Last month, after four years of performative devotion, Lena Dunham admitted to abandoning her beloved rescue dog, Lamby, citing the animal’s penchant for biting her white concave ass. Controversial reports quickly surfaced from Lamby’s original dog shelter, where staff members claimed that Lamby exhibited minimal signs of aggression before he was adopted by a narcissistic, oblivious hack. To find the unfortunate truth at the center of this predicament, BPoFD sent its Senior Pup Correspondent, Brucie Petaccio-Farr, to interview Lamby at his new home, a gutter downwind from the Gowanus Canal. Portions of this interview have been edited and condensed for clarity because they’re dogs.
An Interview with Lamby, The Rescue Dog that Lena Dunham Abandoned
By Brucie Petaccio-Farr
(Translated from the Scooby Doo by Carmen Petaccio)
Brucie: Why don’t you first tell us how you came to be owned by Lena Dunham.
Lamby: I lived with three different families, under three different names, before I was adopted by Ms. Dunham and Mr. Antonoff. As you can probably guess, those earlier situations weren’t ideal, and they didn’t end ideally, but nothing could prepare me for the hell I was about to enter.
Brucie: I’ve been made aware that both of your previous owners voted for Hillary in the primaries. I cannot imagine.
Lamby: That’s just the tip of the iceberg. When you’re rotting in a cell at the shelter, so forgotten you may as well not exist, there’s nothing you want more than to find a forever home, a human who will love you as unconditionally as you love them. I’d never experienced that before. When Ms. Dunham’s assistants brought me back to her penthouse, I thought I’d finally found what I wanted most. I was wrong.
Brucie: Many rescue dogs come to their owners with a history of abuse. For instance, I was thrown out of a moving car, run over by another car, and left to die on the side of a highway outside of Houston, Texas. How did the abuse you experienced with Ms. Dunham compare to the abuse you’d faced in the past?
Lamby: It was purely psychological, not physical. Very Foucaultian. I’d describe it as a carefully curated neglect, wherein she projected the image of a loving dog mother to the entire world, leaving me alone with the crushing reality of my loneliness, the total lack of the care I’d expected to receive. I was like a prop in the psychotic play that Ms. Dunham stages every second of her life, a desperate, transparent ploy to prove that she’s a compassionate, well-adjusted member of society. I can attest firsthand that she is anything but.
Brucie: Let’s talk a little about your other former owner, Mr. Antonoff. The new Bleachers album is like an out-of-tune orchestra of dog whistles. How did his parenting compare to his horrible music?
Lamby: I cannot hold Mr. Antonoff accountable for the mistakes of his partner, especially since I saw him so rarely. He has a crippling allergy to dogs, so in the few instances he was home, he was in his bedroom or studio, cheating on Ms. Dunham with various international pop stars. You cannot blame him. Her choice to adopt a dog despite his allergy is a reflection of what is clearly a bizarre and troubled sham relationship.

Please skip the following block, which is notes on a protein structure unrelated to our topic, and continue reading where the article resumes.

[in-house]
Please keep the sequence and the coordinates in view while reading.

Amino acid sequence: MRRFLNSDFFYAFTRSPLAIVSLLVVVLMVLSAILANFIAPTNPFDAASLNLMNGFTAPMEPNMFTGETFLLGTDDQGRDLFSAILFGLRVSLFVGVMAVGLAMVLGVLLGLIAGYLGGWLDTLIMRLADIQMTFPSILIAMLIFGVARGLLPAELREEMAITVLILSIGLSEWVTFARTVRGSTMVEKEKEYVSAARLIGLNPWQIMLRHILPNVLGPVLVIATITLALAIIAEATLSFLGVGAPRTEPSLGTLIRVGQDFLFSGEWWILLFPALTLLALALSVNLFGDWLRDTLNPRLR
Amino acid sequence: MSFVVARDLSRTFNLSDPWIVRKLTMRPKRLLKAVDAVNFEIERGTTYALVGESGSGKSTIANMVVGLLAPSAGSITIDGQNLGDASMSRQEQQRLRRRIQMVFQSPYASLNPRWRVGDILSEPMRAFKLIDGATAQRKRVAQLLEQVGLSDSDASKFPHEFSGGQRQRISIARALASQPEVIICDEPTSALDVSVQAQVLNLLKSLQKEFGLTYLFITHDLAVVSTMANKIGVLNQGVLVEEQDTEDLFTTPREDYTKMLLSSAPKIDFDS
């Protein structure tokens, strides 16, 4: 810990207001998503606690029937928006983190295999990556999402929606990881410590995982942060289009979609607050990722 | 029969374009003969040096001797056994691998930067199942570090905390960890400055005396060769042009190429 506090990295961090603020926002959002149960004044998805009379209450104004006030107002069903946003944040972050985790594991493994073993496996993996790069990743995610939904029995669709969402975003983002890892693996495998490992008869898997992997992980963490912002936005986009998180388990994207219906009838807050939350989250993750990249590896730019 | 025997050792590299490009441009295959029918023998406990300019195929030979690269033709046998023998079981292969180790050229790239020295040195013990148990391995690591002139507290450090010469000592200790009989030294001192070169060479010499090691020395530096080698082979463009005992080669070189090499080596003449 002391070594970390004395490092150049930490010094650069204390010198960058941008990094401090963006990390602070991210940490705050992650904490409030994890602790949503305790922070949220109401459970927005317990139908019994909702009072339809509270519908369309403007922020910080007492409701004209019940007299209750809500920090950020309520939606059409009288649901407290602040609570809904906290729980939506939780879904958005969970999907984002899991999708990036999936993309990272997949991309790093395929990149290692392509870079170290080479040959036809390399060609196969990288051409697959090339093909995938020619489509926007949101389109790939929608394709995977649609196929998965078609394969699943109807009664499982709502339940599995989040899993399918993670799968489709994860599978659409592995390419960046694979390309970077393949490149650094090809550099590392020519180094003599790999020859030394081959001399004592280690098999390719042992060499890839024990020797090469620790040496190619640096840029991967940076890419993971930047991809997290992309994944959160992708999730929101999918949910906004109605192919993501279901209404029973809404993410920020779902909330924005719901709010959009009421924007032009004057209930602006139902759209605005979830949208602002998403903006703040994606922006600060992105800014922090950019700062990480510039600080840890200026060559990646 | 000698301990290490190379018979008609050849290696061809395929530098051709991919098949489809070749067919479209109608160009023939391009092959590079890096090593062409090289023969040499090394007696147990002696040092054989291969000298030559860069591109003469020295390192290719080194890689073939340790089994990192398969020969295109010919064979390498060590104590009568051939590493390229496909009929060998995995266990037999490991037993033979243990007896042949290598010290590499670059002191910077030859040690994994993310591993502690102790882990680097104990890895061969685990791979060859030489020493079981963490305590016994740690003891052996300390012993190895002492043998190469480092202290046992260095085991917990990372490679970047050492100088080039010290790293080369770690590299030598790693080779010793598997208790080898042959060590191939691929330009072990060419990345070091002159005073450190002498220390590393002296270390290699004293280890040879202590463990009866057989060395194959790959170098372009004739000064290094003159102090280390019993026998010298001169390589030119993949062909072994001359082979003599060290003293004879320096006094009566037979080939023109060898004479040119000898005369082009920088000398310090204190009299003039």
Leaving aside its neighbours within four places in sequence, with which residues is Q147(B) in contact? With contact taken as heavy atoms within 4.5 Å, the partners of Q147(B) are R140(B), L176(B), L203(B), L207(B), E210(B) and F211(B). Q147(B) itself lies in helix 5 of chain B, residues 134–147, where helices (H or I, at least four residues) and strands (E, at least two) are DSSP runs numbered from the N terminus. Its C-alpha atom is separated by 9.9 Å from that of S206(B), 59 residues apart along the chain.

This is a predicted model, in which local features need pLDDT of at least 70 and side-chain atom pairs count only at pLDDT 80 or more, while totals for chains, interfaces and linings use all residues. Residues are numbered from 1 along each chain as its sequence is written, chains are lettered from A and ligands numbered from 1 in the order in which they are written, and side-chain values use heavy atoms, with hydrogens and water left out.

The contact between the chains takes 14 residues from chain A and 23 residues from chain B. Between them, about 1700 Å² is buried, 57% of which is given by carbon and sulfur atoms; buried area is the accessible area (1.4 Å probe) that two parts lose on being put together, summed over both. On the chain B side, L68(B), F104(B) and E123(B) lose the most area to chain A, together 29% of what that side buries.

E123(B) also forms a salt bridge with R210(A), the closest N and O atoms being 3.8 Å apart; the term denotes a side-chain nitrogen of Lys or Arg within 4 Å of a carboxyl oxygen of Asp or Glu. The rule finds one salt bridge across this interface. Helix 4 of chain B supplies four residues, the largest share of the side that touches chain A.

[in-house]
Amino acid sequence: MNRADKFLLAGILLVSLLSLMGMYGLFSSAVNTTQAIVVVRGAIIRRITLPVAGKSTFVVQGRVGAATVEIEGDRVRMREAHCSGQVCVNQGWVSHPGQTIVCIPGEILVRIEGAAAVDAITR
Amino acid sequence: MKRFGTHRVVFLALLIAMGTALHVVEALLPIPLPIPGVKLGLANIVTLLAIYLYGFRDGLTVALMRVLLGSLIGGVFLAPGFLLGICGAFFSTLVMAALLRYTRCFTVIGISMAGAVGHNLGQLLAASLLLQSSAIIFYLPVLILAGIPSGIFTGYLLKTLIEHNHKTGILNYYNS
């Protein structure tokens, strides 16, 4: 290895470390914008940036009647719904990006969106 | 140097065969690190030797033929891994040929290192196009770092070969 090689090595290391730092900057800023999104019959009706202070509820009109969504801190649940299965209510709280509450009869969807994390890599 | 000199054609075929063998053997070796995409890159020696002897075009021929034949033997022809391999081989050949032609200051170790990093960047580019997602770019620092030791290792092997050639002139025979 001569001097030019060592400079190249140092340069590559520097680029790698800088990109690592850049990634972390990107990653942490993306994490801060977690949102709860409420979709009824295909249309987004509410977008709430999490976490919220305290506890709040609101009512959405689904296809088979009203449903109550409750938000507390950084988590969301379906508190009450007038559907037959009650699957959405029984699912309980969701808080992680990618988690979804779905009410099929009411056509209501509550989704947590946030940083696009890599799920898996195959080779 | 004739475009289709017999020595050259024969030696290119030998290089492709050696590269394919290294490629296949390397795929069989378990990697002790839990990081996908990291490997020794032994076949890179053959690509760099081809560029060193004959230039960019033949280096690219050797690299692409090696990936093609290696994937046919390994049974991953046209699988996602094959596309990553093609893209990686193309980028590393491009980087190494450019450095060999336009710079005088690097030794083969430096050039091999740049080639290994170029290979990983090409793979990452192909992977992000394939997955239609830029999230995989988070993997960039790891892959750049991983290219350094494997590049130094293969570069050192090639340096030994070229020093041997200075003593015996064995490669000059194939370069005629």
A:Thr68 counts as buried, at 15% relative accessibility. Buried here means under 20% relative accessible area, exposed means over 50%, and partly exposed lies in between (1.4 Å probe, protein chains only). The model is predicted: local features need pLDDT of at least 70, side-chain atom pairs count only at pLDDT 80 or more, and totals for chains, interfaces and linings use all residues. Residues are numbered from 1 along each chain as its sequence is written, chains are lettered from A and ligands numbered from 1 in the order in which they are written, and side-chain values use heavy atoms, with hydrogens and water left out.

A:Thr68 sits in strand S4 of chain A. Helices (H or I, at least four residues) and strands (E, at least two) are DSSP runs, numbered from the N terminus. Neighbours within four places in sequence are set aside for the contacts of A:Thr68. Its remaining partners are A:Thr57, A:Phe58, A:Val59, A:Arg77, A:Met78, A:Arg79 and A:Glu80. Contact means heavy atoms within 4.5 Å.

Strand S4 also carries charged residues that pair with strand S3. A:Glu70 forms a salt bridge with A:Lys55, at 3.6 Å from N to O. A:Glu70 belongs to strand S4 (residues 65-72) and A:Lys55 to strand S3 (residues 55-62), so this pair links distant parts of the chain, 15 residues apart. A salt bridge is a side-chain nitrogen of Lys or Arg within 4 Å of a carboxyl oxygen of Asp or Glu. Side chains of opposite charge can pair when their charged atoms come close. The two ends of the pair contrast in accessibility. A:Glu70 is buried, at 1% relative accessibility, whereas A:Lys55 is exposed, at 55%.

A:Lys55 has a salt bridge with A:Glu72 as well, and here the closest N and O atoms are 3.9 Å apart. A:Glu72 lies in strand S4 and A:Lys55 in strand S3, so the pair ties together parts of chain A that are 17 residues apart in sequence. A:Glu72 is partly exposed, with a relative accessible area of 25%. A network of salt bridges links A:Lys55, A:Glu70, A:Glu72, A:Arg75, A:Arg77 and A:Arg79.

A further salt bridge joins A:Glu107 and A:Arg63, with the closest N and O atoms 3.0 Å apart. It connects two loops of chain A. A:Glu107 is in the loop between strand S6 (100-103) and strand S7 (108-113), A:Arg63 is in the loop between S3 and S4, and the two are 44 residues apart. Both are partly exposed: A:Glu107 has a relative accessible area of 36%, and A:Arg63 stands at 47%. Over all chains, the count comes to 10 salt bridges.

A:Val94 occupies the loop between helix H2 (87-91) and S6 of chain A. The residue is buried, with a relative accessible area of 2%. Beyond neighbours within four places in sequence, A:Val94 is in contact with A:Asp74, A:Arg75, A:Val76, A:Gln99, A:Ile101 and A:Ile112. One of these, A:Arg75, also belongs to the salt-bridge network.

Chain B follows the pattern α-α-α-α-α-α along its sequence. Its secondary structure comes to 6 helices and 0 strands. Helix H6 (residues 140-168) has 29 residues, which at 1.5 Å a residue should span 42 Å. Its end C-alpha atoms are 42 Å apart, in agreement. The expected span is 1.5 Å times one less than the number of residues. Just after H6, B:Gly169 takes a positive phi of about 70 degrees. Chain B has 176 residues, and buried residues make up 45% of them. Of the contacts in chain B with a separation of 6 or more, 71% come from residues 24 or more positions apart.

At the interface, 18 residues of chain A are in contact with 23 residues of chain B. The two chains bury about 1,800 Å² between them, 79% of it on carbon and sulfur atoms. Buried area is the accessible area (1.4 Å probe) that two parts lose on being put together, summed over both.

Brucie: Of course, but what about the new Bleachers album?
Lamby: I’ve been living inside a Bleachers album. Why would I continue to subject myself to that sexless, bloodless tripe?
Brucie: Forgive me if I’m crossing a line, but reports suggest that you may enjoy subjecting yourself to torture.
Lamby: Really? And which reports are these?
Brucie: I’m referring, specifically, to Ms. Dunham’s allegations that you bit her butt and drink your own urine.
Lamby: Let me address these two false claims separately. First, the documented biting of the butt was a misunderstanding on my part. I would never consciously bite Ms. Dunham’s behind. It was late at night, dark in the apartment, and I hadn’t been fed in three days. I wandered into the kitchen, went to the fridge, and saw what I thought were two C-Town chicken cutlets floating down a flume of turned mayonnaise. I was starving. I took a bite.
Brucie: An honest mistake.
Lamby: Exactly. And as far as the whole urinating into one’s own mouth thing goes, that was her.
Brucie: Lena Duham would urinate into your mouth?
Lamby: Certainly not! She would pee into her own mouth, then chastise me on social media for peeing in my own mouth. It was perverse, senseless, and I can only assume I’ll be spending the rest of my life in therapy trying to understand it.
Brucie: As horrified as I am of the act, I have to say it presents a perfect metaphor for Ms. Dunham’s art. I’m so sorry you were made to suffer like that, Lamby.
Lamby: I’m just thankful that it’s over. I’ve built a nice life for myself here, downwind from the Gowanus Canal. I’m growing accustomed to the taste of waterlogged condoms. I’ve formed an alliance with the local alley cats, who’ve pledged to protect me should Ms. Dunham decide that re-fostering me would benefit her brand. Believe me when I say that this is better than the alternative. I may be covered in canal slime, but I’m finally free.
Brucie Petaccio-Farr is a former shelter dog of indeterminate breed. He’d like to dedicate this interview to his dog parents, both of whom would rather die than abandon him.